1984 Macross: Do You Remember Love? Drawing director
1985–86 Megazone 23 Storyboard, Unit Director, Drawing Director, Action Director OVAs and films
1987 Royal Space Force: The Wings of Honnêamise Key animation [31]
1987 Battle Royal High School Director, screenplay, storyboard [32][33]
1987 Good Morning Althea Original draft
1988 Violence Jack: Evil Town Director, Composition
1989 Spirit Warrior Director Ova episode 2
1989-94 Angel Cop Director
1992 Star Dust Original draft, Director
1994 Macross Plus Special skills director Also film version in 1995
1999 Mito's Great Adventure: The Two Queens Mecha design, CG Supervisor
2002 Rayca
ja:零花~rayca
3D motion director
2002 Macross Zero Special skills director
2004 Gantz Director
2008 Blassreiter Series composition, Director [34]
2008 Linebarrels of Iron Special skills director
2014 Expelled from Paradise Motion Advisor
2015 Mobile Suit Gundam: The Origin Producer, Painting Story (Avant Animation) OVA [35]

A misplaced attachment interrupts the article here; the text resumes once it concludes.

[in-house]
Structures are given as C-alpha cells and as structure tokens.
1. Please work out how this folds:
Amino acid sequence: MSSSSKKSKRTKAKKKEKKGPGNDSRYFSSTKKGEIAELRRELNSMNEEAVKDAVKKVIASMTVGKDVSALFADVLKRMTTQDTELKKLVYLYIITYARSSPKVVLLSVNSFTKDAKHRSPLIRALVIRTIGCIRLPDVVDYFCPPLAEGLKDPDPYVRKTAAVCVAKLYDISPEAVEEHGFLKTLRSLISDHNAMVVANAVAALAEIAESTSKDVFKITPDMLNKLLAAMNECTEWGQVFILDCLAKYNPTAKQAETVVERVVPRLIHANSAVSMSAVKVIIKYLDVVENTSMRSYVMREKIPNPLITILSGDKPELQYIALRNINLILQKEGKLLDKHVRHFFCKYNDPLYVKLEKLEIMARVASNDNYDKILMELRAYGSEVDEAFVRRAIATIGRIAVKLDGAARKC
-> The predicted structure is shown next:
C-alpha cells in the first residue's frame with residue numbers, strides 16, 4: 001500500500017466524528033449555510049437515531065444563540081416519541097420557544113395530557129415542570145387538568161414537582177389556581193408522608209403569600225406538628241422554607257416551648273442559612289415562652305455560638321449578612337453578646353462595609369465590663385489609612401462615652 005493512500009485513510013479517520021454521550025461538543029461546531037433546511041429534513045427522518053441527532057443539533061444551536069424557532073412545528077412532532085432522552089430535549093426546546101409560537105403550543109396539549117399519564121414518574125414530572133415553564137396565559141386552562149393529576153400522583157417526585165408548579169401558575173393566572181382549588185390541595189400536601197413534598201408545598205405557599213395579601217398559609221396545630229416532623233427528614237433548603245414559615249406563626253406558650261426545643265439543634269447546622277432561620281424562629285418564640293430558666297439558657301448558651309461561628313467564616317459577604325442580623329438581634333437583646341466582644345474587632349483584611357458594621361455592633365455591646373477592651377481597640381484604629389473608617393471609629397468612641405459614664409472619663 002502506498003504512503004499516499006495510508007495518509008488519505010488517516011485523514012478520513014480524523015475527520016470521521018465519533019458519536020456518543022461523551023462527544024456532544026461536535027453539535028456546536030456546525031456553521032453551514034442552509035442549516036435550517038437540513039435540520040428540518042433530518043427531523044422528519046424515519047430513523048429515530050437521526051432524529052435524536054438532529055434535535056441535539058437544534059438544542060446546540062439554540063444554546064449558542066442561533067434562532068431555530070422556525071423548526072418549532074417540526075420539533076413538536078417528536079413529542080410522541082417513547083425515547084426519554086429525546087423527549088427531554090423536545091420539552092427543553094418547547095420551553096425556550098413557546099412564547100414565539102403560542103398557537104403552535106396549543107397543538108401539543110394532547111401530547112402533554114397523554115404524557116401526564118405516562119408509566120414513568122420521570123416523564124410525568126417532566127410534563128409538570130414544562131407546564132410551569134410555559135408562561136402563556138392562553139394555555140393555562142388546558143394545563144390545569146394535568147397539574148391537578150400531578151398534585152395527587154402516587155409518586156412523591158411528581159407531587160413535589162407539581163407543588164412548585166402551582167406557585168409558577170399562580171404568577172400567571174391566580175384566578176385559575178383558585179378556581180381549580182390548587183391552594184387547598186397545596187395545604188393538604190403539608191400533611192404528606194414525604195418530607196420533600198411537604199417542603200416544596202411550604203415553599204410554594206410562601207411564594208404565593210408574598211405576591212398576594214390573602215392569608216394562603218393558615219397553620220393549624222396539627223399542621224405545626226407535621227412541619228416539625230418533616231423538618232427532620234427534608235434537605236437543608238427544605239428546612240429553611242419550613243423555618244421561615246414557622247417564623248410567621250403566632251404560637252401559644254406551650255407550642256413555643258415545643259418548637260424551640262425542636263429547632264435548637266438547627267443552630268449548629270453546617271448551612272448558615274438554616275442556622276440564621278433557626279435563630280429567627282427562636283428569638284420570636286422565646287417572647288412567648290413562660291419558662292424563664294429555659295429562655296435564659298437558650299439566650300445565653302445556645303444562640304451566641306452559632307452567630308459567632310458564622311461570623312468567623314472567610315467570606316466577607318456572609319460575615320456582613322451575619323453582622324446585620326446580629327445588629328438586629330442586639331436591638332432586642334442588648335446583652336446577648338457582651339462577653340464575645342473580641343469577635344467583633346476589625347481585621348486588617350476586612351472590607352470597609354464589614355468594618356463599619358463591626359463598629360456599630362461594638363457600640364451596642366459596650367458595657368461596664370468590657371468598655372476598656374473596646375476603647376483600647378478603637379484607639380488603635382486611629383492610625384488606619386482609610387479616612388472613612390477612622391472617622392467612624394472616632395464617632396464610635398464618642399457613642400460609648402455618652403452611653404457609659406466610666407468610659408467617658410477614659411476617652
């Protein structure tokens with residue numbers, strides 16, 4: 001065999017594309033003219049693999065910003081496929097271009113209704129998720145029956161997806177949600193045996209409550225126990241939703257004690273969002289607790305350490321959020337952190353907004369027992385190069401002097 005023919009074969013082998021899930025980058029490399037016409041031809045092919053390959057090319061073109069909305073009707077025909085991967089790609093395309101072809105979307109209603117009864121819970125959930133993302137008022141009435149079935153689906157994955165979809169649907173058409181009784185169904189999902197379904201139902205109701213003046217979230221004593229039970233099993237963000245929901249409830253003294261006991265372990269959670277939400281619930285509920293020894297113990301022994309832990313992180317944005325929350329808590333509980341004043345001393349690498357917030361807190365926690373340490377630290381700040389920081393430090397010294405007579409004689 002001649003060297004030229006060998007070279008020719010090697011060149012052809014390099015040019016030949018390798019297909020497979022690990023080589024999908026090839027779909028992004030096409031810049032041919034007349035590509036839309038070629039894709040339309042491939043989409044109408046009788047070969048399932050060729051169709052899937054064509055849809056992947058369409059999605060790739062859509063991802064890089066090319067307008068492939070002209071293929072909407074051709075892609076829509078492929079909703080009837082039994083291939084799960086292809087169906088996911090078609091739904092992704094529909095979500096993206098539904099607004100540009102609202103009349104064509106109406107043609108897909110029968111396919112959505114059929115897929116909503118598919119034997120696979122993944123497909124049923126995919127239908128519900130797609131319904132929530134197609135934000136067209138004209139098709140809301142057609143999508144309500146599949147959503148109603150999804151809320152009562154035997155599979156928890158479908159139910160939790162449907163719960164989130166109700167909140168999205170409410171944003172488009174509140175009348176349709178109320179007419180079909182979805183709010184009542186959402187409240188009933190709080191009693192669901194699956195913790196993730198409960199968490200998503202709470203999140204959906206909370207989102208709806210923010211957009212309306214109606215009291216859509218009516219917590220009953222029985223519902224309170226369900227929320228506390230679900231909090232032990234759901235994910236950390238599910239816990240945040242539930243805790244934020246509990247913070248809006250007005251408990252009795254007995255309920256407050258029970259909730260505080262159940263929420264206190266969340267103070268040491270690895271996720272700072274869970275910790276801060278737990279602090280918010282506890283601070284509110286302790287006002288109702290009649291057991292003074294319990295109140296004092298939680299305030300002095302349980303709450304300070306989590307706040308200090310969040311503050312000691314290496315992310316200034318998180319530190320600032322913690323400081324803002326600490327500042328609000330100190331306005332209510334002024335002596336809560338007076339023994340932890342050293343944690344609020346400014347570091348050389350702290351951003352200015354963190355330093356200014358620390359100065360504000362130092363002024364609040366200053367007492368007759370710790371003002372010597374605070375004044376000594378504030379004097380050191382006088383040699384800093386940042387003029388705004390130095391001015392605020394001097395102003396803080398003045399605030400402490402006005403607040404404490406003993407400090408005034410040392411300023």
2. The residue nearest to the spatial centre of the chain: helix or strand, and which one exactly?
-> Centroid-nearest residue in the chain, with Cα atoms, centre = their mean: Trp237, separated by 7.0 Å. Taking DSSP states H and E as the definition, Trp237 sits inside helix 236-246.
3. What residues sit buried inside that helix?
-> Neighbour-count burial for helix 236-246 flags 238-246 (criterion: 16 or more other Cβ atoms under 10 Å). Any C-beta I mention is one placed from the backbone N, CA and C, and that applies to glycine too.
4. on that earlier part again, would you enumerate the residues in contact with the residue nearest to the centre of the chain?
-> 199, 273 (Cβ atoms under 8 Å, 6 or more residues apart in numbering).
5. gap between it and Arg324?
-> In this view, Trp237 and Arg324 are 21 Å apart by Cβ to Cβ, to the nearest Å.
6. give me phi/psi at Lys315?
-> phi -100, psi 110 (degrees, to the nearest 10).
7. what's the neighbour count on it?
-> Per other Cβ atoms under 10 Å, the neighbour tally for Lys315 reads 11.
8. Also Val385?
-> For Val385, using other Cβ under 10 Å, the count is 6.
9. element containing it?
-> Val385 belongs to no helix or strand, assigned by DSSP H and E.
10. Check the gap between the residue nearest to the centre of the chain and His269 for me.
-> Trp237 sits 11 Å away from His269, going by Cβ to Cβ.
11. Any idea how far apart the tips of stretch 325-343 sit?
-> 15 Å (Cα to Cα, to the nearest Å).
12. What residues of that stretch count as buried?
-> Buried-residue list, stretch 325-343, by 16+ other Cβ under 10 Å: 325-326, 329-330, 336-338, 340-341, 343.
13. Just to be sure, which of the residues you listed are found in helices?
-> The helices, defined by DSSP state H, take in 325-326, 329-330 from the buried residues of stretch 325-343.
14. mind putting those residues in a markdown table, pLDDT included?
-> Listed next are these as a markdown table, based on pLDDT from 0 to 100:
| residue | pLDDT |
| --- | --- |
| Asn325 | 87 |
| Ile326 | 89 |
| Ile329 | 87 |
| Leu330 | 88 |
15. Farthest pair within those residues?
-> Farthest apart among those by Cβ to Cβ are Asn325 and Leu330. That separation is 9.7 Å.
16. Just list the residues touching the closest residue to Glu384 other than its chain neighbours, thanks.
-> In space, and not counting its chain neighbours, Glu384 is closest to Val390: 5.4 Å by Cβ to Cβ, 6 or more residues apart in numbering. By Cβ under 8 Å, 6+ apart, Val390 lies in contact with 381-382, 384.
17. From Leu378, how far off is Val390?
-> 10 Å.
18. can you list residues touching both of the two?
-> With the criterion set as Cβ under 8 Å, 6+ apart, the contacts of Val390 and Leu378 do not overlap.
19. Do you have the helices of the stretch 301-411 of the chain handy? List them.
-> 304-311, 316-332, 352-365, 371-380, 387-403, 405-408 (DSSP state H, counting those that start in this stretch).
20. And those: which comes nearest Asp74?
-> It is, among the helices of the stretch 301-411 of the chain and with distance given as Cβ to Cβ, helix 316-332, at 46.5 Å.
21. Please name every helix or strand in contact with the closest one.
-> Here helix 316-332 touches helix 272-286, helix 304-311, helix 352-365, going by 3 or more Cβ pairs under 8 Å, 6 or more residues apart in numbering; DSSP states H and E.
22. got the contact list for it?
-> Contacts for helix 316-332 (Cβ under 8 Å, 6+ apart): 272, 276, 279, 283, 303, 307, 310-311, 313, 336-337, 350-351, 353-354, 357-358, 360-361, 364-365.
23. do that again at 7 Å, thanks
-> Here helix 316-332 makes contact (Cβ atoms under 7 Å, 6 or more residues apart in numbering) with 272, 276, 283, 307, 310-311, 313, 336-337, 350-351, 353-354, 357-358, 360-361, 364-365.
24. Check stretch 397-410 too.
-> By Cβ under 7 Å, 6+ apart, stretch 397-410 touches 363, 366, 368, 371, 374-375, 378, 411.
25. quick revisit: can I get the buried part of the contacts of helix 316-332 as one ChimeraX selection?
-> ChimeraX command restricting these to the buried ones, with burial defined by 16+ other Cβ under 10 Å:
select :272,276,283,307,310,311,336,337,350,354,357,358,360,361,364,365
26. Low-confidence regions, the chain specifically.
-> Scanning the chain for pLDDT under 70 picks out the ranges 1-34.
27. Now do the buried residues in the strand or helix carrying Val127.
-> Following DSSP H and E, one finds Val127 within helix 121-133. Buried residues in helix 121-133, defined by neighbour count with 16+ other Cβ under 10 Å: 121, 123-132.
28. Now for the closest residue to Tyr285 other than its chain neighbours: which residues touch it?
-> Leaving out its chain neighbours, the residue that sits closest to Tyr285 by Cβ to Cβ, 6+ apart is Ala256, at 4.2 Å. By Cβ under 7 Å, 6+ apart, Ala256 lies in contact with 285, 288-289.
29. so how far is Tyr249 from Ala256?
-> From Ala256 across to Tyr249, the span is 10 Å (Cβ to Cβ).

2016 SSSS.Gridman Design of kaiju

See also[edit]

References[edit]

  1. ^ "Macross Compendium Memories: Ichiro Itano". macross.anime.net. November 21, 2004. Retrieved May 23, 2017.
  2. ^ 「アスラズラース特集 板野一郎特別演技監督インタビュー」『週刊ファミ通2012年3月29日号(No.1215)』 エンターブレイン、2012、p. 186.
  3. ^ "プロダクション探訪 第2回:グラフィニカ / GRAPHINICA". CGWORLD.jp. June 30, 2011. Retrieved December 10, 2012.
  4. ^ "3DCG の夜明け 〜日本のフル CG アニメの未来を探る〜". AREA JAPAN. Retrieved May 7, 2014.
  5. ^ The interviews in the 2011 April and May issues of Gundam Ace
  6. ^ "クリエイターズ・セレクション vol.18 安彦良和インタビュー". バンダイチャンネル. February 15, 2015. Retrieved December 5, 2012.
  7. ^ "WEBアニメスタイル「アニメの作画を語ろう」". animator interview 板野一郎(4). Retrieved August 24, 2019.